What Biblical models warrant placing a strong emphasis on praising God for social justice, especially in praise music? “Social justice” here is short hand for God’s act in delivering an immigrant/slave people from the super power of the day. It is a social act because a group of people, the children of Israel, was rescued. A new people with a new plan for living (the Torah) were established. God’s rescue of an oppressed people was “just” because it showed God’s love and mercy, not because Jacob’s descendants deserved it.

The contest (see above) reminded me of my quest of some years to find references to discipleship in worship music, narrowed here to social justice. Some 40 years ago I had a period of illness that resulted in a significant loss of hearing. Gradually I lost additional hearing until today I am nearly deaf. Hearing aids and now a cochlear implant. Cochlear implants are engineered to help with the hertz range of conversation level, but do not cover high and low notes of music. So, I give my attention to the words of the song. This has led me to ask questions about the theology behind the music used in worship. As a non-musician I make no claim to expertise in evaluating musical quality of any of the songs mentioned. I need a welcome help in identifying the quality of lyrics and music featuring attention to God’s interest in the oppressed.

Worship music in the evangelical churches I am familiar with usually includes what can be categorized loosely as contemporary Christian music (CCM), traditional hymns, and gospel songs. These types of music have some overlap. I will not attempt to fully distinguish between them. Each type has its focus. They are not fully listed here. Contemporary and traditional music praises God for many attributes and deeds, gives many invitations for re-dedication to Christian living, and rejoices in the promise of future life with God, but seldom praises God for concern for the poor and oppressed. My focus on the marginalized in this essay is very narrow.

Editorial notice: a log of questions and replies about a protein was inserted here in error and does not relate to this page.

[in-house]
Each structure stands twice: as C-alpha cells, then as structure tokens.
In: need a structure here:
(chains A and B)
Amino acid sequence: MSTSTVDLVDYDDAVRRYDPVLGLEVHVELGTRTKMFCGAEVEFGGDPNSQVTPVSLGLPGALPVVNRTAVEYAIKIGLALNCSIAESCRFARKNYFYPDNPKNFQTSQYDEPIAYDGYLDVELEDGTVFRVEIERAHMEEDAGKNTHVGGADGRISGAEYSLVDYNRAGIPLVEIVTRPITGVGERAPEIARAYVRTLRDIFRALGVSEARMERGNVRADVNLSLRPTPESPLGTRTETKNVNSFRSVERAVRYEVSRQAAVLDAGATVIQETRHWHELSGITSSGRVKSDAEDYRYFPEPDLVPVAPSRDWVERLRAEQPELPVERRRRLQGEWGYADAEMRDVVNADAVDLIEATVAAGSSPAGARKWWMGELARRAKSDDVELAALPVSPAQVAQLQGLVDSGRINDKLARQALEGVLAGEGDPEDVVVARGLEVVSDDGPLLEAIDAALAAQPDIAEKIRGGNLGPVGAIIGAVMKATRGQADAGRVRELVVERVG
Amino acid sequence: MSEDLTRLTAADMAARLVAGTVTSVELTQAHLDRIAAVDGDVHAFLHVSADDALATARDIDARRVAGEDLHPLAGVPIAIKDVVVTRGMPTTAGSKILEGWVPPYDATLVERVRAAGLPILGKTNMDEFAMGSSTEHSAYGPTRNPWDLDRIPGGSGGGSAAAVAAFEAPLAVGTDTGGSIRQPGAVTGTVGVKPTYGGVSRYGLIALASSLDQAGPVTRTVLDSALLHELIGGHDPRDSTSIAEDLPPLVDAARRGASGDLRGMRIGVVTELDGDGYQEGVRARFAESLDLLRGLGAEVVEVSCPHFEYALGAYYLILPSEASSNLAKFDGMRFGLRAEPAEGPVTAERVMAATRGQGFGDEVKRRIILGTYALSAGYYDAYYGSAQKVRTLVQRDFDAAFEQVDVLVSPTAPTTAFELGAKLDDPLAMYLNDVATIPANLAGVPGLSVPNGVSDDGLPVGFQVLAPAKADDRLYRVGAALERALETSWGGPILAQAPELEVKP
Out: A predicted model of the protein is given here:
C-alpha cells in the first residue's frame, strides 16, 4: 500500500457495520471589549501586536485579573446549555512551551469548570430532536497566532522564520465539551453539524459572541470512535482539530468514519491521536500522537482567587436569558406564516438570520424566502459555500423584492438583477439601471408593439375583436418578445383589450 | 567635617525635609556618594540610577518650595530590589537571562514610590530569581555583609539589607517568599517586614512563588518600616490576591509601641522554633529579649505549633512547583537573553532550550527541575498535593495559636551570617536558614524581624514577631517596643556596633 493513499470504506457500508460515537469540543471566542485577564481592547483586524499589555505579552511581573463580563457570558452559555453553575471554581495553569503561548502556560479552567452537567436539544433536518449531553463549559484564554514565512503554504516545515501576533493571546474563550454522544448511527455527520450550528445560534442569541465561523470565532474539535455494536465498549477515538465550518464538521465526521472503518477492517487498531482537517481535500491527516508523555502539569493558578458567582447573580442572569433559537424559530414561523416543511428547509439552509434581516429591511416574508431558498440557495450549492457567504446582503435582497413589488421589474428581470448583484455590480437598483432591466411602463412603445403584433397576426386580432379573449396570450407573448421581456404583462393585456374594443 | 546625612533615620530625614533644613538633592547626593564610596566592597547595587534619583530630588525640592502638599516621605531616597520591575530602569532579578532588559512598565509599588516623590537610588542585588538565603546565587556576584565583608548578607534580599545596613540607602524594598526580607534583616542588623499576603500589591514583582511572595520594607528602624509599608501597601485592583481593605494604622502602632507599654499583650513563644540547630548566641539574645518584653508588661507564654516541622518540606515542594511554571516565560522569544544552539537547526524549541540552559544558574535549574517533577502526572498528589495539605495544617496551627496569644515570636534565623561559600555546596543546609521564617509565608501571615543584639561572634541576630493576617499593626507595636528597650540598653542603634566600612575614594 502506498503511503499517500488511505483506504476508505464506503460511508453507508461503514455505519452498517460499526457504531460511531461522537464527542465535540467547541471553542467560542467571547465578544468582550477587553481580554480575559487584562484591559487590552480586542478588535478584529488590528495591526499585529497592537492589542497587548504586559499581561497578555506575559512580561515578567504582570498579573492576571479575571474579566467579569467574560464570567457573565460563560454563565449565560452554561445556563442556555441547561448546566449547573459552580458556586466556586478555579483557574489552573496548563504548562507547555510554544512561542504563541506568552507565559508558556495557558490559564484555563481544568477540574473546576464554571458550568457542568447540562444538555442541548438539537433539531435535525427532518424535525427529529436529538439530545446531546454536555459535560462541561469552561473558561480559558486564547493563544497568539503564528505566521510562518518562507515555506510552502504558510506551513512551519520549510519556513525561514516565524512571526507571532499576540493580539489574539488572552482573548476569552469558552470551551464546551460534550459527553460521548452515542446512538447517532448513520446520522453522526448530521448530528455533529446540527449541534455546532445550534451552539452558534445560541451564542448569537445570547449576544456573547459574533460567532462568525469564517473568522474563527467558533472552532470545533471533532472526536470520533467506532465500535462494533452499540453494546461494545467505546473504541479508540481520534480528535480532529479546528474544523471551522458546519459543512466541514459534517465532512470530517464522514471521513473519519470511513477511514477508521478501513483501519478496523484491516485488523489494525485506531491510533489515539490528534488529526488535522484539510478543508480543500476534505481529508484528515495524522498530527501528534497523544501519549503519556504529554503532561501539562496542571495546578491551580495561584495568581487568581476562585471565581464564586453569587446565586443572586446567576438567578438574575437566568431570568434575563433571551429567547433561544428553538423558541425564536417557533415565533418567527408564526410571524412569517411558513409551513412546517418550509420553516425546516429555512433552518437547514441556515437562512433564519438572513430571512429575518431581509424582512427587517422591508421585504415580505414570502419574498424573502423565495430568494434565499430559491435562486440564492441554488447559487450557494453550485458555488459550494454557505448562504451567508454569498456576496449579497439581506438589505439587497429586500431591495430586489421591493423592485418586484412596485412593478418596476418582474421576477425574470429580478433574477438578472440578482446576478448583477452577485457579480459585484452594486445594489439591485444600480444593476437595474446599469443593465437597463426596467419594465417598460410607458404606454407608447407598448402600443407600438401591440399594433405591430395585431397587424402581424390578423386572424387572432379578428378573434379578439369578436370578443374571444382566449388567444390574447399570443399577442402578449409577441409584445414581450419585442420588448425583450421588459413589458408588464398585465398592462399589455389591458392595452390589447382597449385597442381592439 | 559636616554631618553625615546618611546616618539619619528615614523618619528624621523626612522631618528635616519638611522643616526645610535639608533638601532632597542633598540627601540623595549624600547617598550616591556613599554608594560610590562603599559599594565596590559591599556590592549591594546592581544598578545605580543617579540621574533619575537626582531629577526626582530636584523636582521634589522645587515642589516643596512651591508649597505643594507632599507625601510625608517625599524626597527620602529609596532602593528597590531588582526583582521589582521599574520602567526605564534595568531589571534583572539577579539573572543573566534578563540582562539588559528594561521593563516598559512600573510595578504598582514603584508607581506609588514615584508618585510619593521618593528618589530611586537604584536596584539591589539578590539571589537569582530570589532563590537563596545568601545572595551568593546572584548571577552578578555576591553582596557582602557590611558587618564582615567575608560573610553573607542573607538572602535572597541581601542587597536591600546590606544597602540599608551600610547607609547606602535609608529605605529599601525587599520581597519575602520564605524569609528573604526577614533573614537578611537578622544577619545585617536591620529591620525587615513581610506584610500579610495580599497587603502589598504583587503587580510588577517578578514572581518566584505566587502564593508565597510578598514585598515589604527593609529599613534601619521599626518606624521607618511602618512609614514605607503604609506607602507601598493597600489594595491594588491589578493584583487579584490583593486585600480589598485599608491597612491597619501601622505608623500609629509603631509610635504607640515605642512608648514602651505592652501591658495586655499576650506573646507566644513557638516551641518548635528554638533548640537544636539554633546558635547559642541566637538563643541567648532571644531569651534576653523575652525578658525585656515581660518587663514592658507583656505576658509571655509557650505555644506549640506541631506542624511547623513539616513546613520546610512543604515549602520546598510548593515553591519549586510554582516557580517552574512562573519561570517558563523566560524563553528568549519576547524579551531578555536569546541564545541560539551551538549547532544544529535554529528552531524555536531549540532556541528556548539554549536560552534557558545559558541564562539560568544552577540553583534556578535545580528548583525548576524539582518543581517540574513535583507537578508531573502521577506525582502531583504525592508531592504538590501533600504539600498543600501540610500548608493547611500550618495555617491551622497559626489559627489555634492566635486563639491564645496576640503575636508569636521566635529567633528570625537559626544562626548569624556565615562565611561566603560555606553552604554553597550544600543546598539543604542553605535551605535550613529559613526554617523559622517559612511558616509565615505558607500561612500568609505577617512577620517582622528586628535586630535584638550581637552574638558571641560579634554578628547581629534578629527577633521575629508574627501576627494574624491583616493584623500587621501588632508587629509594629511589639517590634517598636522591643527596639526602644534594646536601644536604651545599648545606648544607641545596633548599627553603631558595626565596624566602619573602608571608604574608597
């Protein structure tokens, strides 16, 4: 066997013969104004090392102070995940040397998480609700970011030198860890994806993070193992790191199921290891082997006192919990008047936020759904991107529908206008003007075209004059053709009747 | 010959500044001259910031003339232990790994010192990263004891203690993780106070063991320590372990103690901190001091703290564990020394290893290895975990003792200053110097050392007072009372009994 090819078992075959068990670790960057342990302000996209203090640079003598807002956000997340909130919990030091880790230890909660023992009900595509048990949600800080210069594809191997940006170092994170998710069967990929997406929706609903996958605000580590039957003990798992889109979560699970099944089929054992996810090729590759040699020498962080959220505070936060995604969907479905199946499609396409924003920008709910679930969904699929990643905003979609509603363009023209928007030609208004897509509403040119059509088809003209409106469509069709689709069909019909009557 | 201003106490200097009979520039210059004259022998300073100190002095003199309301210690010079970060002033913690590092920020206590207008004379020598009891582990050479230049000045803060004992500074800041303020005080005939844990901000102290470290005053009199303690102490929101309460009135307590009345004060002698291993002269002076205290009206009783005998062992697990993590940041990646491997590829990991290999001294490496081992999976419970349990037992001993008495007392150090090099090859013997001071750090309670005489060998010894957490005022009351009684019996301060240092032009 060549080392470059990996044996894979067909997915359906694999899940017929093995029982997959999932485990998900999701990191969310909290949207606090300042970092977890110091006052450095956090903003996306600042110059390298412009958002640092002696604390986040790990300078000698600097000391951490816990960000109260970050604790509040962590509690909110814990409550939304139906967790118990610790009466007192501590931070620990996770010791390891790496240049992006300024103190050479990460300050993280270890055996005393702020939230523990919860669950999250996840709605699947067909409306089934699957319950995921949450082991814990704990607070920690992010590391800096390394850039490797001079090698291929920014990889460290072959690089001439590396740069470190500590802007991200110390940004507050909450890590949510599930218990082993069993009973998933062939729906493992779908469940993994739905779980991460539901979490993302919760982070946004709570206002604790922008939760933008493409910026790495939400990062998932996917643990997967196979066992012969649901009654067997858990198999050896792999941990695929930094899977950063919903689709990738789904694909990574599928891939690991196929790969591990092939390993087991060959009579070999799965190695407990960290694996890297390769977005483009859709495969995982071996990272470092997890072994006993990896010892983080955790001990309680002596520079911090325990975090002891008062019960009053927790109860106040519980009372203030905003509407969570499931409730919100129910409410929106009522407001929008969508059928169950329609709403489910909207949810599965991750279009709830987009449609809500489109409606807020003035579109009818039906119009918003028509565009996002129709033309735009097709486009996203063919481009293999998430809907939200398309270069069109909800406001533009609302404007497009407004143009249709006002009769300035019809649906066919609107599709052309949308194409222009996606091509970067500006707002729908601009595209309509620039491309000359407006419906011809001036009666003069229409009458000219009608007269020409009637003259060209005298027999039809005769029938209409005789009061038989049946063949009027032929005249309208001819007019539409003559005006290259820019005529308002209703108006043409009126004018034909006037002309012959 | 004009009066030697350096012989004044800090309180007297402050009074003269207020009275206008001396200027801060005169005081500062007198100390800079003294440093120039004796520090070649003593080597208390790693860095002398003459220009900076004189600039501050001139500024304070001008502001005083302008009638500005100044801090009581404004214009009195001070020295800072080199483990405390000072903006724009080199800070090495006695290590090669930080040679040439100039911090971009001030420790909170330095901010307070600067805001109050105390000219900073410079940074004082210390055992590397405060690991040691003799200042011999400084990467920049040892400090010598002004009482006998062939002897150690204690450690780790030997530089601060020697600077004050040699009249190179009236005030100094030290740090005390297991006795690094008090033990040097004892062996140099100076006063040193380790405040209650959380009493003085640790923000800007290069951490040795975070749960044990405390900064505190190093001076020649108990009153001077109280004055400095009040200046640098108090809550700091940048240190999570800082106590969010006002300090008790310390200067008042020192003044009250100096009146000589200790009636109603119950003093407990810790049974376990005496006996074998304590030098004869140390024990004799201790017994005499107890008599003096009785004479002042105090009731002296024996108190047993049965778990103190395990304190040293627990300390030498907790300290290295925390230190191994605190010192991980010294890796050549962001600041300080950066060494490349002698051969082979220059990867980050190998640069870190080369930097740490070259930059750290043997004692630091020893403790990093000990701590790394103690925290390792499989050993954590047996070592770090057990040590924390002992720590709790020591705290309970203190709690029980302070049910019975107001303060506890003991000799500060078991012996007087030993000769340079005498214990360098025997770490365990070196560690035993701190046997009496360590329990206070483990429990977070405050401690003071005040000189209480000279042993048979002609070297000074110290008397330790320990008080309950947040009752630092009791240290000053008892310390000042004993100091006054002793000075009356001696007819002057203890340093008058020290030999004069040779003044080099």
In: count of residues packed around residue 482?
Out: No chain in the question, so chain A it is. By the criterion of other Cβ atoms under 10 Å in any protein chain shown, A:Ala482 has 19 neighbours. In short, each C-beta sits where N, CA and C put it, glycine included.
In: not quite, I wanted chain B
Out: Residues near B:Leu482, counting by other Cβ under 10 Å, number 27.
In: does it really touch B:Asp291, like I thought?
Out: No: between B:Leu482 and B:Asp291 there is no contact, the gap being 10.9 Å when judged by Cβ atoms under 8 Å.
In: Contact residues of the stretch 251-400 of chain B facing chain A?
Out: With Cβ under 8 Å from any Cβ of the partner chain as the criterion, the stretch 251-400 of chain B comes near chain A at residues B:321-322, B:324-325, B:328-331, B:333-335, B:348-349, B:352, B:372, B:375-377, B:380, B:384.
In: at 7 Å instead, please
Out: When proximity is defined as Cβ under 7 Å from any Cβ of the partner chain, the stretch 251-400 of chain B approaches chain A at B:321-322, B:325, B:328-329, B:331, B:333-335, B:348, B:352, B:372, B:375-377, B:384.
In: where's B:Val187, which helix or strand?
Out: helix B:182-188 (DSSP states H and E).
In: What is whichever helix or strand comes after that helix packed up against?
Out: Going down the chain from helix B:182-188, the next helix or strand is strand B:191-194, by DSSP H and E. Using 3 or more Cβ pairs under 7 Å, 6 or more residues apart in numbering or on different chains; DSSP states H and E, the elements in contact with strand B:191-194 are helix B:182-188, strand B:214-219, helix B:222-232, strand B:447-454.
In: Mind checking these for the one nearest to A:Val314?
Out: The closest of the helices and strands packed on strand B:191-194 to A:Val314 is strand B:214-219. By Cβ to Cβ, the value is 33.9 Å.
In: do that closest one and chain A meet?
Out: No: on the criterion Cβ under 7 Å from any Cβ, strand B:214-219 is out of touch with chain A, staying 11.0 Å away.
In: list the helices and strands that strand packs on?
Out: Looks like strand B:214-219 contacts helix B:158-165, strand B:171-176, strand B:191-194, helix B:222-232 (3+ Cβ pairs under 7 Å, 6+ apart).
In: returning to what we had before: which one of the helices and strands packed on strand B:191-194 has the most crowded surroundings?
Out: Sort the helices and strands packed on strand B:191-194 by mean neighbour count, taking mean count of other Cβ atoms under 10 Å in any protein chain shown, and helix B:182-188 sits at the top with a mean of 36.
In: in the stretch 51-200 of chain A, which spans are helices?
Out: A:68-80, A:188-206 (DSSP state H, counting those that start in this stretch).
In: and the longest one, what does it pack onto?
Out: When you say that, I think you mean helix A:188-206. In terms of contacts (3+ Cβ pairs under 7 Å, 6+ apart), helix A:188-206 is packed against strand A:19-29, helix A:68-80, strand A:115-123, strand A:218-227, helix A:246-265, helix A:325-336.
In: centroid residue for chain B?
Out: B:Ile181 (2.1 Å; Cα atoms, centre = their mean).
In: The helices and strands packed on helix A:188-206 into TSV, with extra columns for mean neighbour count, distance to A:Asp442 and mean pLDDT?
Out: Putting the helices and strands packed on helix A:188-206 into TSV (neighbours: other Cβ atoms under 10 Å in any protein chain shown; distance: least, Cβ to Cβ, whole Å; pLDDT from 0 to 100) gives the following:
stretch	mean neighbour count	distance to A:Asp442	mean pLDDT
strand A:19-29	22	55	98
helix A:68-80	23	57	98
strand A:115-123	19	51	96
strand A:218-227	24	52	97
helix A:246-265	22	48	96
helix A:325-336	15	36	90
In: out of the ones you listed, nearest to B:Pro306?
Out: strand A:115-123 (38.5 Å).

Christian contemporary music

Several writers have noted the lack of attention to social justice issues in CCM. Jay Howard writes: “There are few [contemporary Christian worship] songs concerned with social justice because there are few songwriters from the Anabaptist tradition.” He analyzes 77 Contemporary Worship Songs –those most frequently requested of the licensing service CCL–and finds only one that gives direct attention to social justice issues. John L. Bell, songwriter argues that CCM is mainly about the birth and death of Jesus and ignores his life. Have I missed some CCM titles that give attention to Jesus’ life, especially to his attention to the poor, the widow, and the outsider?

 Traditional ‘gospel songs’ and hymns

Praise and thanksgiving in traditional hymns and gospel songs (I will not define these here, but look at that category the Mennonite Hymnal for examples) give little attention to social justice. “Gospel songs” are strong in their emphasis on grace, God/Jesus’ companionship and love. I have not found any of these that praise God for his love and care of the “widow and fatherless”. There are a number of hymns in Hymnal, a Worship Book (HWB), that include an interest in the poor and oppressed and justice for them. One that praises God for this attention is “I’ll Praise My Maker”, verses three and four (HWB, #166). Some encourage us to follow Jesus’ example in caring for the marginalized. Did I miss hymns that specifically praise God/Jesus as Miriam and Mary did for God’s championing of the oppressed?